Biblical response to Osama bin Laden’s death doesn’t call for celebration

As social media unfolded the story of Osama bin Laden’s death, Americans rejoiced. But, the Bible calls for a different response to death.

Social networks lit up last Sunday with news that the sting on the Pakistani compound housing Osama bin Laden had been successful, killing the wanted terrorist leader.

The initial reaction for most was jubilation and even a sense of closure. The man who orchestrated the terrorist attacks that killed thousands of Americans in New York, Washington, D.C. and Pennsylvania had been brought to justice.

What quickly followed, however, was a sudden general backpedal. Americans and Christians in particular re-gathered their bearings and asked themselves if it was right to revel in the death of any man — even one as hated as bin Laden.

Social media reactions to Osama bin Laden’s death

The reactionary, second-by-second unfolding nature of social media like Twitter and Facebook showcased their good and ugly sides all at once. A Twitter account for “Osama in hell” quickly solicited thousands of followers.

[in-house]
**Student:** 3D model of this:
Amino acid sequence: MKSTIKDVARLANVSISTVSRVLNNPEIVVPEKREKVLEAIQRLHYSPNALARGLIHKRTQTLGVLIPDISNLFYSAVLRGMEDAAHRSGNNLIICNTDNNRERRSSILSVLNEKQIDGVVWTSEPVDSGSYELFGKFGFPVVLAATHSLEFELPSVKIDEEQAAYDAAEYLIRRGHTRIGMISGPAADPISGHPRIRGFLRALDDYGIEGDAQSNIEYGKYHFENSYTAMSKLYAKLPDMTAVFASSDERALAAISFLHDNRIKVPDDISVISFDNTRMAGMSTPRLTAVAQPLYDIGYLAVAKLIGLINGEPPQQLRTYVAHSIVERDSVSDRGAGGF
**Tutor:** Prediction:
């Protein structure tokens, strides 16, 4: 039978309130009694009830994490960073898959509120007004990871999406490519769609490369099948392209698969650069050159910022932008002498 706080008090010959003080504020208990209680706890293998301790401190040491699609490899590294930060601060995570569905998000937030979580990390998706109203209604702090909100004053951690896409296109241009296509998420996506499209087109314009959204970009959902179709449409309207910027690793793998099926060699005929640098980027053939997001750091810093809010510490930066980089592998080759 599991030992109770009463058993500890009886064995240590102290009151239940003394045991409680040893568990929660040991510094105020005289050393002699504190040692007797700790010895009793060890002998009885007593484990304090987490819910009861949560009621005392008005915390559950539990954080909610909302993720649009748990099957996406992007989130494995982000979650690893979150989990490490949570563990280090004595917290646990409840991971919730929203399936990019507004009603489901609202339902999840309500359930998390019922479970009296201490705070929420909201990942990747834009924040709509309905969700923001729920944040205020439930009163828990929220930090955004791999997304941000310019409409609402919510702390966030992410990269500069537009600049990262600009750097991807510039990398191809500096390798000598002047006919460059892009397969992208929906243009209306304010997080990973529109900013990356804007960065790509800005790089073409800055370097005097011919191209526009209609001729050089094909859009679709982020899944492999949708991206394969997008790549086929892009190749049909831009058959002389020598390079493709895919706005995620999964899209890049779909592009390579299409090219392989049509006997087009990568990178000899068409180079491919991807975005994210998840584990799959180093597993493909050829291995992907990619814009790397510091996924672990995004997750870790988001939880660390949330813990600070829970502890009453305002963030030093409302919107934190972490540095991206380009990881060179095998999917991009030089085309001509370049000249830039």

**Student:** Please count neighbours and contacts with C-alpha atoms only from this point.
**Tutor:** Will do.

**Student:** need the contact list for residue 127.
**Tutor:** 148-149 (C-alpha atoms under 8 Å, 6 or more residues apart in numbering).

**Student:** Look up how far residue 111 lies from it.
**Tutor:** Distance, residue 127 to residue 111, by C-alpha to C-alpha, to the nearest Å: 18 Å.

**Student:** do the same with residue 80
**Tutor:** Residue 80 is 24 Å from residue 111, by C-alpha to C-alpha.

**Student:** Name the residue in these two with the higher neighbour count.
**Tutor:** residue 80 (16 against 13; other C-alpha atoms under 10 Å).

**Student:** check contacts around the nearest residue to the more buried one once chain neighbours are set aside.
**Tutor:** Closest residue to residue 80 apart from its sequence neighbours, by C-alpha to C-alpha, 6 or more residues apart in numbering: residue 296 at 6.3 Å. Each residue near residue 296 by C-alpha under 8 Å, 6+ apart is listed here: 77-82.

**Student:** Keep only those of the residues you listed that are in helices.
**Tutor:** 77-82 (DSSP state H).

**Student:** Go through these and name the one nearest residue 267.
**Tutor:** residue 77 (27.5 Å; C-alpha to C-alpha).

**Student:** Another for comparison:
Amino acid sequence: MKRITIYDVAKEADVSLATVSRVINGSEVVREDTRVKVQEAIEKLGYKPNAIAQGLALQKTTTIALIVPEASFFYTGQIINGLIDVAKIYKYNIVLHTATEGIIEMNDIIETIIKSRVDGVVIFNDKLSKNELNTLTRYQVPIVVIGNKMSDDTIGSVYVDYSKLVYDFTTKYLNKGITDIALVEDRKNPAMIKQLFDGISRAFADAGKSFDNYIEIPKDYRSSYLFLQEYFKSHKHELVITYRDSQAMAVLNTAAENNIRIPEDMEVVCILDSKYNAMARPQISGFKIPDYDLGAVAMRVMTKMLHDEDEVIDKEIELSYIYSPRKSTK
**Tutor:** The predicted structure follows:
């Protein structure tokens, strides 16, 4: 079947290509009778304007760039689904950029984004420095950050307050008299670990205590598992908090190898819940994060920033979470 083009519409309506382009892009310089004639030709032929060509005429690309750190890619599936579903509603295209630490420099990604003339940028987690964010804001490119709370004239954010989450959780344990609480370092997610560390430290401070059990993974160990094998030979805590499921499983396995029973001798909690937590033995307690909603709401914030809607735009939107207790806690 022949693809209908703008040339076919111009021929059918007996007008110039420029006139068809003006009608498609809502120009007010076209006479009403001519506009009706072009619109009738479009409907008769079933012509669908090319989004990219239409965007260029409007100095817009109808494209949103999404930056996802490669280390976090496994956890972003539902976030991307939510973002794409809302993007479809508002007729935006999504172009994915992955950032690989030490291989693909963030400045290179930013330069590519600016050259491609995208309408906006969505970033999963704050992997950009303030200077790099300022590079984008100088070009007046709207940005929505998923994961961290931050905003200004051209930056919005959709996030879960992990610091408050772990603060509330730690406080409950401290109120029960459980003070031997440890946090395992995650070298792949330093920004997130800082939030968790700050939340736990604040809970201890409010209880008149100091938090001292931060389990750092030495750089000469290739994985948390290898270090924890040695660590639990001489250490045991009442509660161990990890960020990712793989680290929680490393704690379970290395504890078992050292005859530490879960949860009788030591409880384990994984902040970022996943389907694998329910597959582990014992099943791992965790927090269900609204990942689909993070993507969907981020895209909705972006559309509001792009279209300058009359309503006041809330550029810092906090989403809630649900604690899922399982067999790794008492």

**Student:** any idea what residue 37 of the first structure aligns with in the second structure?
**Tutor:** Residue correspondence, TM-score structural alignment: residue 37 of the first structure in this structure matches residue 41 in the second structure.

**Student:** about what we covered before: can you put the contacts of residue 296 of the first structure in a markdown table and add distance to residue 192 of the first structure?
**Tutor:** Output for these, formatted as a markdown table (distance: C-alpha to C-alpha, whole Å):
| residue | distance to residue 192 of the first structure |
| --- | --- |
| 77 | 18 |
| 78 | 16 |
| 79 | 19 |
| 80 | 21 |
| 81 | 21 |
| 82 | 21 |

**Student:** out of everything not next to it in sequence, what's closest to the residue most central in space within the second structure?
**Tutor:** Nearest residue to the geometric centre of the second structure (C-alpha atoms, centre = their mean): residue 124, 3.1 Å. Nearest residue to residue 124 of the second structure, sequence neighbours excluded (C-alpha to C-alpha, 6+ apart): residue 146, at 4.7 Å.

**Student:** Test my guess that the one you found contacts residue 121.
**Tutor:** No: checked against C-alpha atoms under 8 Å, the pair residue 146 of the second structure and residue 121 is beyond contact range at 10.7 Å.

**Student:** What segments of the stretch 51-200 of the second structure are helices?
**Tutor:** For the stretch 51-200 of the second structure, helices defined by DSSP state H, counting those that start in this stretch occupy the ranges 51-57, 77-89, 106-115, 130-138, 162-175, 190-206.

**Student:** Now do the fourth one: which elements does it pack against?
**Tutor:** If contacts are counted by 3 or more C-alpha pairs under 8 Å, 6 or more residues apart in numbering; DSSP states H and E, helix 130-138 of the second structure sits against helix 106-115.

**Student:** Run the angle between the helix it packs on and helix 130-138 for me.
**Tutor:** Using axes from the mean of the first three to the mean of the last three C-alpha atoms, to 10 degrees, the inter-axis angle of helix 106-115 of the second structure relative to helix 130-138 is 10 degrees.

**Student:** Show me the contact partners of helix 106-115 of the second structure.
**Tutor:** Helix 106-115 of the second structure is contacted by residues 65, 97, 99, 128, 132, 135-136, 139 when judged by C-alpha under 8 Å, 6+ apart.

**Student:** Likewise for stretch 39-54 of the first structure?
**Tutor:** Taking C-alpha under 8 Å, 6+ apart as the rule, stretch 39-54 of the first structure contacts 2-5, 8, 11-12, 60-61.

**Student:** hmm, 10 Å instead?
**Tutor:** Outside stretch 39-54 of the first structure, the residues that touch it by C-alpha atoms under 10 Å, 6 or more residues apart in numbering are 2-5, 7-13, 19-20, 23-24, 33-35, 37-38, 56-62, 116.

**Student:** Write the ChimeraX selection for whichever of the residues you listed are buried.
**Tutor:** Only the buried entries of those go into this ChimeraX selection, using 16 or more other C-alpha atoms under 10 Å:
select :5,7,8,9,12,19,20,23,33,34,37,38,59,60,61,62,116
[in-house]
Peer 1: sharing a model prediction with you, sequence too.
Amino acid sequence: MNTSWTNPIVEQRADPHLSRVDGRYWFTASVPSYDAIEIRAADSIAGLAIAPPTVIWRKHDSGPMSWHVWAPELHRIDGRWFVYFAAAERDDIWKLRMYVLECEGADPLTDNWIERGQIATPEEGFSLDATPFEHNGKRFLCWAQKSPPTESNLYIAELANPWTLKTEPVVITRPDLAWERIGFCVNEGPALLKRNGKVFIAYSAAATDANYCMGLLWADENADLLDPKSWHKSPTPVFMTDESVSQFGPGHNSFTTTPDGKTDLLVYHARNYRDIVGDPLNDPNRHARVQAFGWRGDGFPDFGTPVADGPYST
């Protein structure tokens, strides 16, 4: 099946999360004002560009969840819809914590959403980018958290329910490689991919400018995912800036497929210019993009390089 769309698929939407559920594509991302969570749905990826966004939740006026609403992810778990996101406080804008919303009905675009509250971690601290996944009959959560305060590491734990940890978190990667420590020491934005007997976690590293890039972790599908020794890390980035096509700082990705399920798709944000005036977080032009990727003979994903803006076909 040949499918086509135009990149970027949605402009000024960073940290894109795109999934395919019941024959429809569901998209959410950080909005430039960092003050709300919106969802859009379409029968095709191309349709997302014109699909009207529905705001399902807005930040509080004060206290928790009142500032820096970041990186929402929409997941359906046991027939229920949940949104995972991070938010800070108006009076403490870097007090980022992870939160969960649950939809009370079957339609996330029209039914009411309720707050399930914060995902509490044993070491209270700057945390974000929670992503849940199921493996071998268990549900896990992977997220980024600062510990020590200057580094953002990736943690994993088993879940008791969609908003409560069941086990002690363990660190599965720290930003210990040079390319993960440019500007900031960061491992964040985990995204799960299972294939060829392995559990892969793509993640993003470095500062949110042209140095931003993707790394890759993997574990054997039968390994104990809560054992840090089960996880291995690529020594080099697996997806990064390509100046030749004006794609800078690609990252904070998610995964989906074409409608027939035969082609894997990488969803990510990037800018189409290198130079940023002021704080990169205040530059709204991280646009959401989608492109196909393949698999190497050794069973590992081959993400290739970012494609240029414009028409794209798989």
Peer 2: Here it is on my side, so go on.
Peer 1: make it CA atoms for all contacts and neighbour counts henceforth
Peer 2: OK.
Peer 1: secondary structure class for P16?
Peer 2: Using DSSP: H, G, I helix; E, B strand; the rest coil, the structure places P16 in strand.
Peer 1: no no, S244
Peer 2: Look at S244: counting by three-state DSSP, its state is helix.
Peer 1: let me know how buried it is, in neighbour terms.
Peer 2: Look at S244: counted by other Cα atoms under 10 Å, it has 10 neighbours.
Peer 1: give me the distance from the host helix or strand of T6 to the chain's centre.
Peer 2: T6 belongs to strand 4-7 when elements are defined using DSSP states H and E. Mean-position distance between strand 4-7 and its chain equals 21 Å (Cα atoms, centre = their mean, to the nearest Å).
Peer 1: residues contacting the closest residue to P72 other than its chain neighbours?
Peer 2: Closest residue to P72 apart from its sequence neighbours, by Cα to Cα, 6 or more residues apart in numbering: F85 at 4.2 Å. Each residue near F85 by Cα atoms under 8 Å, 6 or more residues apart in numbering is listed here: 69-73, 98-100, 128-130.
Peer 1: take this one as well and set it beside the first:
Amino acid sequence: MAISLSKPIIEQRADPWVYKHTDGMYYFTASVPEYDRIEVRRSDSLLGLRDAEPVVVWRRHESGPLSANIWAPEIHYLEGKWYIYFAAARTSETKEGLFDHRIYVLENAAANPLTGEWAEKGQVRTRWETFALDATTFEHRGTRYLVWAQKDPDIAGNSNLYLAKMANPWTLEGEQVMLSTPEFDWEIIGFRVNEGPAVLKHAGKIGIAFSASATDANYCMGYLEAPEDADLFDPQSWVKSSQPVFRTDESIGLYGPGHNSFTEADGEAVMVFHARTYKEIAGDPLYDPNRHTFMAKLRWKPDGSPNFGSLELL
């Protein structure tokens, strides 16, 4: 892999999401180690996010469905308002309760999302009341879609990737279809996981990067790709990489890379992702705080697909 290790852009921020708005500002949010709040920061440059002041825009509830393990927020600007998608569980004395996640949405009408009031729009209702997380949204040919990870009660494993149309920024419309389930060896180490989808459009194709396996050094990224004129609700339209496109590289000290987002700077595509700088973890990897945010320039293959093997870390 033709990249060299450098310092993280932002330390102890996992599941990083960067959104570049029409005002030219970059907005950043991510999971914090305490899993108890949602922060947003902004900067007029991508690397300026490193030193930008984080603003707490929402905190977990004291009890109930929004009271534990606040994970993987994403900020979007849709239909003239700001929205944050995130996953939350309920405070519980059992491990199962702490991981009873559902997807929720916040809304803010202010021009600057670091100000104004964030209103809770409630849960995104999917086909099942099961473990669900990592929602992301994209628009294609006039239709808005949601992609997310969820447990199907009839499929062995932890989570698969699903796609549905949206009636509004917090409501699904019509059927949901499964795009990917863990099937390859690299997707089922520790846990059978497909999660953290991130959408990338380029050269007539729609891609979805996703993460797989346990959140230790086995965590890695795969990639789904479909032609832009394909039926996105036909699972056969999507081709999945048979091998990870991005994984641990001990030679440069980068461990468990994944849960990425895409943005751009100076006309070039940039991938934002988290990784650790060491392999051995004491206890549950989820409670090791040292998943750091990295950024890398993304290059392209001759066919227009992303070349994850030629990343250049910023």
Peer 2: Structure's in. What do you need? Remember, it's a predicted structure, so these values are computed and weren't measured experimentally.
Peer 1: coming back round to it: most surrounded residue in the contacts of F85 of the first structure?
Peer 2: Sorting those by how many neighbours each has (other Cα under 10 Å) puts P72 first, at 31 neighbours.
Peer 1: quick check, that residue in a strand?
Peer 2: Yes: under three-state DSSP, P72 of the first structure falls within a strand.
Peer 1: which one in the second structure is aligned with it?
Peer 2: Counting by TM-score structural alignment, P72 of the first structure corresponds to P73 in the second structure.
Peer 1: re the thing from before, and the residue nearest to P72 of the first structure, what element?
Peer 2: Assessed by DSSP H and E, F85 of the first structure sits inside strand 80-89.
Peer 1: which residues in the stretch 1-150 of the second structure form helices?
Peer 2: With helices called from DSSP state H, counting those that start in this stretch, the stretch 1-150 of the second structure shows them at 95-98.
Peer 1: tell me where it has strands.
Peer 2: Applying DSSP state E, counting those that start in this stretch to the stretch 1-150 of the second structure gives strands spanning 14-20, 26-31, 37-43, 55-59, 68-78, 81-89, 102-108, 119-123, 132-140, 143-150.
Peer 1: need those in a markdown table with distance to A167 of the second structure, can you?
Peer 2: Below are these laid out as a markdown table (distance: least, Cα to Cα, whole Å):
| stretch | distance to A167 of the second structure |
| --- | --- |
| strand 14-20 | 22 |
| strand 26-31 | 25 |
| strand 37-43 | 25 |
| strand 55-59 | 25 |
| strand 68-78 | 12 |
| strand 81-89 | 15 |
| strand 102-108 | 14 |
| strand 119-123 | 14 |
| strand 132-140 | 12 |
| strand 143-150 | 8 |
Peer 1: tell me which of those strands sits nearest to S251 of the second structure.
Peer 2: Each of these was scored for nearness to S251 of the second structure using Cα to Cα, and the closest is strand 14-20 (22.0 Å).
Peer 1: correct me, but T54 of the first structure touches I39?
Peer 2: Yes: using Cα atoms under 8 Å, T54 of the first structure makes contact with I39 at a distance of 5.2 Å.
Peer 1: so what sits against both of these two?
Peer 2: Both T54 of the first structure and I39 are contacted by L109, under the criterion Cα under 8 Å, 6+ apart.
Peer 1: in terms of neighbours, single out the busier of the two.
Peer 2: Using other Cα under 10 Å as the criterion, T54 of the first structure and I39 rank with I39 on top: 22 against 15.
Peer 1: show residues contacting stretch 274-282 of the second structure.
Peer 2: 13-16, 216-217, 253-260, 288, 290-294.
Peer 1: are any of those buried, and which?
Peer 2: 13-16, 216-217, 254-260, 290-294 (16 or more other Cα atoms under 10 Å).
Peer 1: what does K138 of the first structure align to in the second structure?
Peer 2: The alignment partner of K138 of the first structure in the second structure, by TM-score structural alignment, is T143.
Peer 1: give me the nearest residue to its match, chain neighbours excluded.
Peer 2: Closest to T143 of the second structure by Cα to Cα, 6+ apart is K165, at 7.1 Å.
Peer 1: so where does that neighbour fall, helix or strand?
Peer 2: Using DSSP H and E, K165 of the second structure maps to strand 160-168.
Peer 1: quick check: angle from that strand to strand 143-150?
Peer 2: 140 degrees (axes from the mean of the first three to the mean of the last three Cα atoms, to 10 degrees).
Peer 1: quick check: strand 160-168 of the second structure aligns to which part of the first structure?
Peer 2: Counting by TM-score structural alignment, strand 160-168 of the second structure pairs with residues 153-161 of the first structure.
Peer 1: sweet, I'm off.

But the networks did their job of getting the word out quickly. Virtually every American knew Osama was dead within hours of the covert operation’s conclusion. The president was able to address the nation immediately, broadcasting live on both television and web. As a nation, we breathed a collective sigh of relief knowing that justice had been done.

A biblical perspective

But, not all aspects of the response were positive. All over the country and the world, freedom-loving citizens took to the streets with American flags and USA chants to celebrate bin Laden’s death. Thanks to the internet and the blogosphere, rash, snap-decision comments solicited potentially international audiences. Many did not take the time to think before reacting, and the reactions were, in some cases, tough to swallow.

Bin Laden was undoubtedly evil, killing thousands of Americans as well as his own people, and encouraging the abuse of Afghani women. But he was still a fellow human being, created in God’s image. God does not take pleasure in the death of even the most evil human being (Proverbs 24:17-18; Ezekiel 18:32). Given time to reflect, most can agree that relishing the death of anyone, terrorist or not, is not just in poor taste, but counter-biblical.

Yet, there is still room for thoughtful conversation regarding the appropriate Christian attitude towards war and violence. And, particularly with Biola’s population of ROTC students who are training to lead others into battle, the dialogue is alive and well in the Biola community. Our role is to engage in it, listen well, and respectfully help each other work through their response in light of what Christ has done for us.

0 0 votes
Article Rating